The end of the Cold War presented both opportunities and challenges for Southeast Asia.

Regional states have opportunities for moving away from a way of life dominated by conflict and tension, for investing greater resources in the task of economic and social development, for extending the scope and the variety of collaboration with friends and neighbours, and for enhancing regional co-operation in pursuit of lasting peace and shared prosperity.

In the last few years the region as a whole has taken up some of the opportunities offered by changed global and regional environments. Most of the region’s economies remain on the fast forward track, enhancing Southeast Asia’s position as one of the most dynamic epicentres of economic activities and growth in the world. Regional co-operation has been widened, with the inclusion of Vietnam in ASEAN, the impending membership of Cambodia and Laos in 1997, and with the prospect of Myanmar joining the association by the year 2000. Regional co-operation has also been deepened with the acceleration of the AFTA process and provisions for Vietnam’s integration with this process. The region’s role as a diplomatic actor of growing influence has been sustained and enhanced through ASEAN’s organisation of ARF, active involvement in APEC, and initiation of ASEM.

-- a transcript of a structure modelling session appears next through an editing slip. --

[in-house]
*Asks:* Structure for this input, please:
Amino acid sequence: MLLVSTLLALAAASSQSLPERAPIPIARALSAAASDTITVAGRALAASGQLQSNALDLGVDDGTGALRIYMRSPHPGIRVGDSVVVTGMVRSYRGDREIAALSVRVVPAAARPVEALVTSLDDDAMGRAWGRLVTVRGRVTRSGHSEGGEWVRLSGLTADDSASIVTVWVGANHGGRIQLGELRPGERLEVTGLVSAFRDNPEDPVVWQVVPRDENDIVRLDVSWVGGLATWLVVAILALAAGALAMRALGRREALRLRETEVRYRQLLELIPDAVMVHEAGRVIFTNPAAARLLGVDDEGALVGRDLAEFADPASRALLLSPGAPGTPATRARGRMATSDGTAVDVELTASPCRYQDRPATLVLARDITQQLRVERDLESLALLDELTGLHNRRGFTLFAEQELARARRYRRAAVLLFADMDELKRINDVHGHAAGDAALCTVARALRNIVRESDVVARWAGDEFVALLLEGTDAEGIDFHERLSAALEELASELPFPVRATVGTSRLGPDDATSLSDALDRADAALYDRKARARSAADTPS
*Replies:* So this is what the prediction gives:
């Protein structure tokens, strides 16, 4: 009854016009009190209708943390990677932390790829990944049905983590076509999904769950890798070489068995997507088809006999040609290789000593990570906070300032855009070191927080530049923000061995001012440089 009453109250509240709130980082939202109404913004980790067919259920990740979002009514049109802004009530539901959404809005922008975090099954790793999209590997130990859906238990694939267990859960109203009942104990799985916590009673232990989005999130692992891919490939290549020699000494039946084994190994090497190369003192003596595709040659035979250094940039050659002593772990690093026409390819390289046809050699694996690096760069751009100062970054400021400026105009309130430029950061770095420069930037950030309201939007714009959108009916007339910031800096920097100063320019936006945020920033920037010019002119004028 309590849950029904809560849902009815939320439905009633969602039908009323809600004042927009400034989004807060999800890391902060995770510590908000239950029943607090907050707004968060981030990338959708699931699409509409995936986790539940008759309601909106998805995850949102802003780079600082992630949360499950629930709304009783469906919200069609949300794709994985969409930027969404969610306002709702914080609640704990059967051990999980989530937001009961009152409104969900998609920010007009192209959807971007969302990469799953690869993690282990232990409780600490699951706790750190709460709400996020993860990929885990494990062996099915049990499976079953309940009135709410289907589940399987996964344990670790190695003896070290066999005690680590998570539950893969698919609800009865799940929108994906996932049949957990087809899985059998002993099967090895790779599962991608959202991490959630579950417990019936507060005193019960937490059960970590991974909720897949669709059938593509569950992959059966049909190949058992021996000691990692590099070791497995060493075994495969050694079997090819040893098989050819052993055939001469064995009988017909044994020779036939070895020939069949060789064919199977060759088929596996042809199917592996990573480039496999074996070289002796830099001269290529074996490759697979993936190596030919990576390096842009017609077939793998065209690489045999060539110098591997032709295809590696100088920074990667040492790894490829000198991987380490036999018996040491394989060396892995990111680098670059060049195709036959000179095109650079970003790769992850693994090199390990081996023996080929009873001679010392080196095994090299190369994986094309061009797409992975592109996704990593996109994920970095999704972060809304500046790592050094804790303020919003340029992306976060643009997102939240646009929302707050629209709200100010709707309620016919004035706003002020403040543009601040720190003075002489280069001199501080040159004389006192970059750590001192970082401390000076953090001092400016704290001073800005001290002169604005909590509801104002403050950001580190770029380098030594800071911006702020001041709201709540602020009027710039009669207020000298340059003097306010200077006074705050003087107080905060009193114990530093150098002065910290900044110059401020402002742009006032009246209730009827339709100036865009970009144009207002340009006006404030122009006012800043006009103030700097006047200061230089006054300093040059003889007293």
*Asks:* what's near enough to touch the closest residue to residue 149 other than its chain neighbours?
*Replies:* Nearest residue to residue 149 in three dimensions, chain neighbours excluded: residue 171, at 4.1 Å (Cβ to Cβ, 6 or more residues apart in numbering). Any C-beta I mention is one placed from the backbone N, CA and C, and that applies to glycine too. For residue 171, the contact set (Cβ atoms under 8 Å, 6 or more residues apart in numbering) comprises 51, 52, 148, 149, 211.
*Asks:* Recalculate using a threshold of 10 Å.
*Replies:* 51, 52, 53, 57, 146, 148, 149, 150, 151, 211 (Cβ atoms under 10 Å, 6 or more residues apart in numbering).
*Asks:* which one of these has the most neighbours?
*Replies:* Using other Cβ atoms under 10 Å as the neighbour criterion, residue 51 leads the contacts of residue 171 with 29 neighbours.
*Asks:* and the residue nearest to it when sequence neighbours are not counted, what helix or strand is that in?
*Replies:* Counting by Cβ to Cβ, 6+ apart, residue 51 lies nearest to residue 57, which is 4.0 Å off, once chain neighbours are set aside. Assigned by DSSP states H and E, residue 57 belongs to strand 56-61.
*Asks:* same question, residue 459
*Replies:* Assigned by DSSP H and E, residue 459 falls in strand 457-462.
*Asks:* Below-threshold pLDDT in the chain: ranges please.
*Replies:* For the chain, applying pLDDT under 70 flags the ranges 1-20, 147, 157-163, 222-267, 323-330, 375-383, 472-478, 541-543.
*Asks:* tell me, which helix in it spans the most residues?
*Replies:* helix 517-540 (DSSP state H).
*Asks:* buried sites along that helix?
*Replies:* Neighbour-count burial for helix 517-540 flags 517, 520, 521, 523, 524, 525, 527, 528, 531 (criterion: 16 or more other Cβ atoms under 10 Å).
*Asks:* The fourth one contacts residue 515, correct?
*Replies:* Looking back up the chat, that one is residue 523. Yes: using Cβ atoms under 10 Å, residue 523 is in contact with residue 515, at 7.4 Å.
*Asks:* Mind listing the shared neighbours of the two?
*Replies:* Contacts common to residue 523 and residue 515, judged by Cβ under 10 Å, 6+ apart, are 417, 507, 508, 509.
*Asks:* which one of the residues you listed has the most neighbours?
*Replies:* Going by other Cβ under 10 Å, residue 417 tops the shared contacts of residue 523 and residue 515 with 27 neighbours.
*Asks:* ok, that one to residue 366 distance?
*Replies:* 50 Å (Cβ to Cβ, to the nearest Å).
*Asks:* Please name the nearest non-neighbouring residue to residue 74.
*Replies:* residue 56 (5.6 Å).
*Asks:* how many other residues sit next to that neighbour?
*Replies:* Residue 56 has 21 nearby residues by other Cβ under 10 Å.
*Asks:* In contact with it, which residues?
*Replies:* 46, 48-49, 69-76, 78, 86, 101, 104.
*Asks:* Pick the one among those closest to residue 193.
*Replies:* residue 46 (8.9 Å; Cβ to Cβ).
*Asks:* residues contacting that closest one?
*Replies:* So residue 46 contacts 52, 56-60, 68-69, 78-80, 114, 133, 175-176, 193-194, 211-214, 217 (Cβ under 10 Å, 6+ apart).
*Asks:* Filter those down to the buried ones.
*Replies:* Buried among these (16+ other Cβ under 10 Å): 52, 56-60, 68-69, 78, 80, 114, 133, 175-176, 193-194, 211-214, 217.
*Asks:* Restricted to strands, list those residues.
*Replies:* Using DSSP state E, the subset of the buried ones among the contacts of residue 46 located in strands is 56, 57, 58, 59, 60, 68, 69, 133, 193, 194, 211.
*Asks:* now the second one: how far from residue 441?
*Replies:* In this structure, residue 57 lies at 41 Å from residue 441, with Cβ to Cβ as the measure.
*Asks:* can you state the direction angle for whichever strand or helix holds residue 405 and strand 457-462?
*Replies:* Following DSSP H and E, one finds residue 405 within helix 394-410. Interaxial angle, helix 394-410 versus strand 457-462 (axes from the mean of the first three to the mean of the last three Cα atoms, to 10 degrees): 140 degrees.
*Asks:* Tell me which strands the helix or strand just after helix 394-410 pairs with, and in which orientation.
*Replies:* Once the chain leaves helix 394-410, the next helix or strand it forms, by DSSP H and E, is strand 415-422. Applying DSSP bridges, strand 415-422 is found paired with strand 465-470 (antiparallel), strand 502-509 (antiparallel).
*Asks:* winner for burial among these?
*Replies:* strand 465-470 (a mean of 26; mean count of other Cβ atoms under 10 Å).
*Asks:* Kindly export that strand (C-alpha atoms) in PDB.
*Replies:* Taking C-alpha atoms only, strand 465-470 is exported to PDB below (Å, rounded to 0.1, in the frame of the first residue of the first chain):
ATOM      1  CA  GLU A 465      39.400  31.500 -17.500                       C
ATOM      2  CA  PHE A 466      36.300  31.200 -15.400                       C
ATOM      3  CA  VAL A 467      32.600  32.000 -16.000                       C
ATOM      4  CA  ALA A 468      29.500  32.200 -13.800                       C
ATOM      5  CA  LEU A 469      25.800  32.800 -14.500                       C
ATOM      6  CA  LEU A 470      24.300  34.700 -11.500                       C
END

At the same time regional states also have to face a number of challenges. The first is uncertainty caused by changing relationships among major powers, the rise of new regional powers in Asia, and conflicts in the global economic system. The second is the emergence of new potential sources of conflict and tension, ranging from arm build-ups and access to natural resources, to illicit flows of people, goods and drugs across national boundaries. The third is what may be collectively termed the "challenge of success".

The expansion of ASEAN membership, actual and prospective, has raised certain question regarding the association’s immediate and long-term future. One is how ASEAN can simultaneously widen and deepen regional co-operation with a satisfactory degree of success in both endeavours. Another is how ASEAN can expand its ranks and enhance a sense of regional identity among members old and new alike, And the last is how, on the one hand, the more economically and technologically advanced ASEAN countries can be encouraged to make further progress in economic and technological development as the logic of national interest and global competition dictate that they must and how, on the other hand, their dynamism can be harnessed to the cause of regionalism, to help ensure that the gaps between them and their less advanced neighbours do not widen, and that their success do not jeopardise the prospects for achieving similar advancement in the years ahead.